As of 2013, all unconventional gas production made up an estimated 18% of global gas production. The majority comes from North America, with around 580 bcm produced in 2013, one-third of which is tight gas and just under half shale gas. Throughout the rest of the world, coalbed methane production is estimated at approximately 12 bcm and tight gas at 74 bcm. Shale gas output increased by a factor of 13 over the last decade, to reach just under one-half of total unconventional gas production in 2010. However, as of 2015, shale gas output was still concentrated in the United States. Unconventional natural gas is set to become an increasingly important part of global gas supply, accounting for more than 60% of the increase in total gas production over the period to 2040.
What impact has the US success in unconventional gas had on the global market?
As recently as 2008, it was widely viewed that import requirement for LNG in the United States was likely to increase over the coming decades. However, soaring unconventional gas production led to a sharp drop in import requirements and a sharp revision of expectations for the United States in the international gas trade. The recent slump in LNG imports in the United States has had a significant impact on global gas markets. Following the global economic crisis in 2008, there was a general drop in global gas demand. The United States suddenly had no need to buy LNG at a time when ample supplies, mostly from Qatar, were entering the market. This led to a “gas glut” – where there was more gas on the markets than was needed – and gas spot prices in the United States and in Europe consequently dropped. Since 2010, global demand has recovered substantially, but LNG imports in the United States have remained very low due to growth in cheap domestic gas production. As such, the United States is no longer an attractive LNG market. The United States and Canada are both now proceeding to export LNG from the United States.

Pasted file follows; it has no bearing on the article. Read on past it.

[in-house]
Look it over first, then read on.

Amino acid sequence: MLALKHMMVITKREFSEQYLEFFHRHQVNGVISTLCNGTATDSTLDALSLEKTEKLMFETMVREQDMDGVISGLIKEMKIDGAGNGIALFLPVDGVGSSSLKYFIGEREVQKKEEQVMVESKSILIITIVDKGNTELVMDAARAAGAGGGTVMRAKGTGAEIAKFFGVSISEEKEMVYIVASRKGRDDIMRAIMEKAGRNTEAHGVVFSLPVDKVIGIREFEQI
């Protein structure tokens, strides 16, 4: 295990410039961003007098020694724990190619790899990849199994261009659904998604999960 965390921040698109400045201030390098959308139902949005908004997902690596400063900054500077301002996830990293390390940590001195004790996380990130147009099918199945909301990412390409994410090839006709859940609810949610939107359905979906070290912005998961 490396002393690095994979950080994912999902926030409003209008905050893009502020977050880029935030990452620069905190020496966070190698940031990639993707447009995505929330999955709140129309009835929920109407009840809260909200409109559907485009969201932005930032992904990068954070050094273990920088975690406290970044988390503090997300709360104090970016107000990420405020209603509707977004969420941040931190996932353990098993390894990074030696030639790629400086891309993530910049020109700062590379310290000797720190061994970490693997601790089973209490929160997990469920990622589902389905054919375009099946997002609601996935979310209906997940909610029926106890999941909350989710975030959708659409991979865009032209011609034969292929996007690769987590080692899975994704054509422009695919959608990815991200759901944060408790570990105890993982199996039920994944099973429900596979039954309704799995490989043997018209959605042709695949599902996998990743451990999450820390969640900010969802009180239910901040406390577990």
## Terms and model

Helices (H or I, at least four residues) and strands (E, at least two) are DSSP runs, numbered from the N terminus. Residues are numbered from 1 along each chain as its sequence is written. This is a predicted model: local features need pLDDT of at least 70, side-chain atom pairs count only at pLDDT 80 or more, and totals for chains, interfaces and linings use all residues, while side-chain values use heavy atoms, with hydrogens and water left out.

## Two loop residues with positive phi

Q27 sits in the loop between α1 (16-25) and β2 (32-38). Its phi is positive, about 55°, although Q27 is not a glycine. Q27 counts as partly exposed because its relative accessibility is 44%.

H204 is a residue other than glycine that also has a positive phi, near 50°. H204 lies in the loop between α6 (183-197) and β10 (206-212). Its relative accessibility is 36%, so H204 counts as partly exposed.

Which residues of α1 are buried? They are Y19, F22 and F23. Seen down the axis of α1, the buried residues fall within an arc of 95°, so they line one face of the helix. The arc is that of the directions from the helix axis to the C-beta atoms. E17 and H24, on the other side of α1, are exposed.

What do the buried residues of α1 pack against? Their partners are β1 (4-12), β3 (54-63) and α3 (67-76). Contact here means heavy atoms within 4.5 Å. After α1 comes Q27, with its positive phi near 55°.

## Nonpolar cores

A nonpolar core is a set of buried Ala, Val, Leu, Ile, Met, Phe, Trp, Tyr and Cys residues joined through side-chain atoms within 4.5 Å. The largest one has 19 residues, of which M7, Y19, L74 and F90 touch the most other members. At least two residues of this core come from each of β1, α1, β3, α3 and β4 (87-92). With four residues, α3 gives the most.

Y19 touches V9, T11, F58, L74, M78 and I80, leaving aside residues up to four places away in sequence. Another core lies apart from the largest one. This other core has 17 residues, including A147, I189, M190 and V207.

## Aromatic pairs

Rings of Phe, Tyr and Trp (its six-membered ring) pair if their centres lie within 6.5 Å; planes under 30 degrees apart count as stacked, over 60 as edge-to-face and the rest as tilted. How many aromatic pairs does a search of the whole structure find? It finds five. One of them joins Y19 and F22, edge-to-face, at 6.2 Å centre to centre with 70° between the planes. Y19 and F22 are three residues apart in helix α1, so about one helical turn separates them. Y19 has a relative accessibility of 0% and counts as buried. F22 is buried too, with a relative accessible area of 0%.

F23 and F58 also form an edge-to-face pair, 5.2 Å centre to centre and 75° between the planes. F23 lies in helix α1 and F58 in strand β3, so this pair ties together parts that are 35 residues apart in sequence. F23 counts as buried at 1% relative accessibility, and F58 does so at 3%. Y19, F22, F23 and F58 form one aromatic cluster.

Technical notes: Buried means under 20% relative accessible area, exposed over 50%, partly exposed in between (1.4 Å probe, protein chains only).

Have countries other than the United States made much progress in their unconventional gas exploration efforts?
Canada already produces tight gas, coal bed methane (CBM) and small amounts of shale gas. Although years behind the United States, some countries have made notable strides forward in exploring their own unconventional gas sources. Australia has shown good CBM potential, which is already being produced in small quantities. But Australia’s future success most likely lies in projects that focus on producing LNG from CBM. China, India and Indonesia have also produced small amounts of unconventional gas and are aggressively looking at ways to increase their respective volumes, notably China which has very ambitious shale gas targets. Despite strong interest throughout Europe, there are areas of public concern – such as high population densities and issues surrounding the potentially damaging environmental impact – which are hampering progress. A few other countries, such as Argentina, Algeria and Mexico, seem also to have large shale gas potential.
What is the recipe for success with unconventional gas production?
To effectively replicate the success story of North America, four core factors must be addressed:
- Geology: In order to identify potentially good areas to drill, access to high-quality geological data is essential